A collective sigh of relief seemed to emanate from the public officials gathered at the 202 Parkway's ribbon-cutting ceremony on the George Niblock Bridge in Warrington. After decades of planning, shelving of the plans, debates over new plans, funding issues and, finally, construction, the feeling of accomplishment running through the crowd has been a long time coming.
Representatives from local, county and state offices gave remarks that held common themes of gratitude at the cooperation among the different parties involved in the planning and execution, and optimism that the new road will bring much-needed relief to traffic congestion between the two sections of Bucks and Montgomery counties.
"This road is a model of what can happen when people work together," said Lt. Governor Jim Cawley in prepared remarks. "This parkway will make a big improvement in travel time."
According to figures provided by PennDOT, the 202 Parkway is projected to carry between 23,000 and 28,000 vehicles per day. The study performed by the Delaware Valley Regional Planning Commission says that surrounding roads will consequently see a volume reduction. For example, DeKalb Pike between Route 63 and Route 309 will decrease from 31,900 to 15,800.
"Now, a mother can make it home 15 minutes earlier to prepare dinner or a father can catch his child's at-bat in the little league game," said State Rep. Kate Harper (61st District). "That's what this project is all about."
The 8.4 mile road runs as a four-lane highway between Route 63 (Welsh Road) and Route 463 (Horsham Road) in Montgomery County, and a two-lane road between Route 463 and Route 611 in Bucks County.
There are 10 signalized intersections located at:
- Route 202 (DeKalb Pike)
- Route 63 (Welsh Road)
- Knapp Road
- Connector ramp to Route 309
- Costco Dr.
- Route 463 (Horsham Road)
- County Line Road
- Route 152 (Limekiln Pike)
- Bristol Road
- Lower State Road
The signalized road is quite different from the orginally proposed four-lane expressway that would have connected Montgomeryville and Doylestown, with ramped exits situated along the bypass. The $465 million bypass was too costly for a Gov. Ed Rendell administration facing a $6 billion budget shortfall in 2004, so the project was shelved.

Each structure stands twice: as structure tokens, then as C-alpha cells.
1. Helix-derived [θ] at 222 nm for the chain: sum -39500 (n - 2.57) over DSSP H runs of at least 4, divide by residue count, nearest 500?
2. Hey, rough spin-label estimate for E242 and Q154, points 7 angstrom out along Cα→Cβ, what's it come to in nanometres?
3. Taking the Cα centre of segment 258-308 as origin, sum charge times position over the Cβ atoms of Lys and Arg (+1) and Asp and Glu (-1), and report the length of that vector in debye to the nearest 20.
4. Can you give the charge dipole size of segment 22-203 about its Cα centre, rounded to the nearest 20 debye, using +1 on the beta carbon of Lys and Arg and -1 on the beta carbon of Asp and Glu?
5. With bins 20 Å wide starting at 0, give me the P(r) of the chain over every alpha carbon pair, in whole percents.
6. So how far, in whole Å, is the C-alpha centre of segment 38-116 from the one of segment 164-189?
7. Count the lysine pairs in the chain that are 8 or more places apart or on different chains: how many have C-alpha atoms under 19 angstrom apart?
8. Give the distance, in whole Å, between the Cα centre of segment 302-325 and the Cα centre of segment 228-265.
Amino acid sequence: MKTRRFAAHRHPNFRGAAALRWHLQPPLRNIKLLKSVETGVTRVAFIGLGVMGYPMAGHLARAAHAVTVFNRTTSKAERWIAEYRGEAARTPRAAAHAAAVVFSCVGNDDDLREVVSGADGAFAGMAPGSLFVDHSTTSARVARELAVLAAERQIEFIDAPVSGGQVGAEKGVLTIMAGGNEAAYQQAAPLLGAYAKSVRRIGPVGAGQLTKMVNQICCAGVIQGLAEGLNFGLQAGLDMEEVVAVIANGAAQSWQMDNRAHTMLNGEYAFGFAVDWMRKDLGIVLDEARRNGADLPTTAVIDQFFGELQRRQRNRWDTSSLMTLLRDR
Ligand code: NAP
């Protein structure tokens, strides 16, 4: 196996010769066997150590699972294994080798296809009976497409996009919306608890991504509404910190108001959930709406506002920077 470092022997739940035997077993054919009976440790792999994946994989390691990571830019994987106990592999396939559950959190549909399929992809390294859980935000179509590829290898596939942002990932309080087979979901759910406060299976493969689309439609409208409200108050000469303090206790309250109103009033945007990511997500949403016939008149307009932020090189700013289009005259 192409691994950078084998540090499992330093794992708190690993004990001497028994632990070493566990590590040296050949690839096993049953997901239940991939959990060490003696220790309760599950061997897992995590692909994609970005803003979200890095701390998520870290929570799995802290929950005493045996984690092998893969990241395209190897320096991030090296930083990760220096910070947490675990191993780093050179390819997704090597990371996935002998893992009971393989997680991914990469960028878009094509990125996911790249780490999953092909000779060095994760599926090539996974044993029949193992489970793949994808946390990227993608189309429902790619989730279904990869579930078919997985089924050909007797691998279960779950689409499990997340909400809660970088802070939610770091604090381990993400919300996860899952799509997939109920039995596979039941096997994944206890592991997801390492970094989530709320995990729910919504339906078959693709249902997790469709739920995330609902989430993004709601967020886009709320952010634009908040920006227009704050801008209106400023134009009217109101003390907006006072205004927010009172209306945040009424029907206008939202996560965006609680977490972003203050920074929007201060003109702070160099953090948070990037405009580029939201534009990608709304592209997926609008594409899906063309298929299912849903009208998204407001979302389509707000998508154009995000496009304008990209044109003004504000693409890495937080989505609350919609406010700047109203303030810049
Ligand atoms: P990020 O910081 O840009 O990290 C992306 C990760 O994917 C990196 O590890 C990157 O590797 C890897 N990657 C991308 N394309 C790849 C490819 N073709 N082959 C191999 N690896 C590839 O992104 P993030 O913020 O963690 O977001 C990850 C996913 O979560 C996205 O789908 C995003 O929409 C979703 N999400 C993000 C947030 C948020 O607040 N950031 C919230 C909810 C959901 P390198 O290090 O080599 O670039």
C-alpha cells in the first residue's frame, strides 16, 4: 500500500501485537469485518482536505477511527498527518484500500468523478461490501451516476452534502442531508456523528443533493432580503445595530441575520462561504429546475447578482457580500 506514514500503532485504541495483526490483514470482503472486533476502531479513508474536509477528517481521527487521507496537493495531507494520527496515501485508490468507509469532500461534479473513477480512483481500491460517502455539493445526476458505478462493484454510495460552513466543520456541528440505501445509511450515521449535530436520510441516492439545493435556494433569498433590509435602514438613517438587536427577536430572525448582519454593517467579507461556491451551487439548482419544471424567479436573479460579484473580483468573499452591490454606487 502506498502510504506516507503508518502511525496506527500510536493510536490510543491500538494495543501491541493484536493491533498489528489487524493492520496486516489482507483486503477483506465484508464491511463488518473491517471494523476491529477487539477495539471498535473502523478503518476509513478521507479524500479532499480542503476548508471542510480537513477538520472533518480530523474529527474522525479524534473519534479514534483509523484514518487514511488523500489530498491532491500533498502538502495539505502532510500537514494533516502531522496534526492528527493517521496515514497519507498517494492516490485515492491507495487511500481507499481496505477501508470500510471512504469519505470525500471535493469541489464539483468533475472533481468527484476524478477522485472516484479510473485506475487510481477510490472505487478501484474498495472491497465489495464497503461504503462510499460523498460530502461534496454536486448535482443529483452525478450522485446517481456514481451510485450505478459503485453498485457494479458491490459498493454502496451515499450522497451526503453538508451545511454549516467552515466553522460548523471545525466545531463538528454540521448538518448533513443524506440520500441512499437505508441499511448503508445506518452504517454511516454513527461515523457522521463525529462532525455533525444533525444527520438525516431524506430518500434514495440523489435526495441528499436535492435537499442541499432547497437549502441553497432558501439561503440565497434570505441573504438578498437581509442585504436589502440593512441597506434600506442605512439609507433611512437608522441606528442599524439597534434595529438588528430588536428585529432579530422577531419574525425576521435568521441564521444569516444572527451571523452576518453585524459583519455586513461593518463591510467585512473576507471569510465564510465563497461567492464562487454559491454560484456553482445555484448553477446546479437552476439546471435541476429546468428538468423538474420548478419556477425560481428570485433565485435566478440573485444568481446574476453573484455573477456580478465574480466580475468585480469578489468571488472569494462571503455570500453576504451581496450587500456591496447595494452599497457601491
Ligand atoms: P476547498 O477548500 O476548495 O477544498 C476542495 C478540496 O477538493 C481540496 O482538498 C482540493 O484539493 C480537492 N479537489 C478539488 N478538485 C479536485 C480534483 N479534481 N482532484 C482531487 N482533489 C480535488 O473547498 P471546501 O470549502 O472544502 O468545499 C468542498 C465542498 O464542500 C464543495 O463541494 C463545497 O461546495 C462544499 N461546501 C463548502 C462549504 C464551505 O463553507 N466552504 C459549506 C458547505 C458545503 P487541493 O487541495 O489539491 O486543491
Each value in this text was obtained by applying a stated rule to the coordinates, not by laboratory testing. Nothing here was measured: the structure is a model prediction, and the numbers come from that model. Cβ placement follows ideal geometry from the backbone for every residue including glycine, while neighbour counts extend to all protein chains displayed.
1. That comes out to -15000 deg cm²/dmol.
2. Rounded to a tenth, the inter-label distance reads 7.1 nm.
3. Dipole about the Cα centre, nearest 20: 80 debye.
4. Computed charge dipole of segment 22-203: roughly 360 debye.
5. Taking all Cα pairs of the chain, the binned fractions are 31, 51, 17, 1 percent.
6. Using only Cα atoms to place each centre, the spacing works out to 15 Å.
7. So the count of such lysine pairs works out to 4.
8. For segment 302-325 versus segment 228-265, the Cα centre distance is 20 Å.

During his remarks, Cawley singled out State Rep. Kathy Watson for keeping the project alive during this time.
"This day should be called Kathy Watson Day," said Cawley. "The expense ground this project to a halt, but she would not allow it to stay there."
After reviewing the project, PennDOT formed a task force in April 2005 that reviewed and refined the project and eventually produced a plan for the $200 million parkway.
Given the greenlight by the task force, PennDOT spent the next two years presenting the plan to the public, completing an Environmental Evaluation Report, obtaining the necessary permits for the project and awarding bids to contractors. Finally, in November 2008, the shovels hit the ground.
As the construction got underway, work continued on the final designs to create an aesthetically pleasing landscape for the parkway. A wetland mitigation area was created near Kansas Road in Warrington to offset the impact of the project on natural habitats. More than 72,000 plantings were installed along the parkway, including tree, bushes, perennials and natural ground cover.
Earlier this year, State Senators Stewart Greenleaf and Chuck McIlhinney co-authored a bill signed by Governor Tom Corbett that designated the 202 Parkway a scenic byway, prohibiting the use of billboards and large advertising signs within view of the parkway.
"I'm looking forward to driving this road and looking at it," said Greenleaf. "The landscape will be something people will appreciate as they drive it."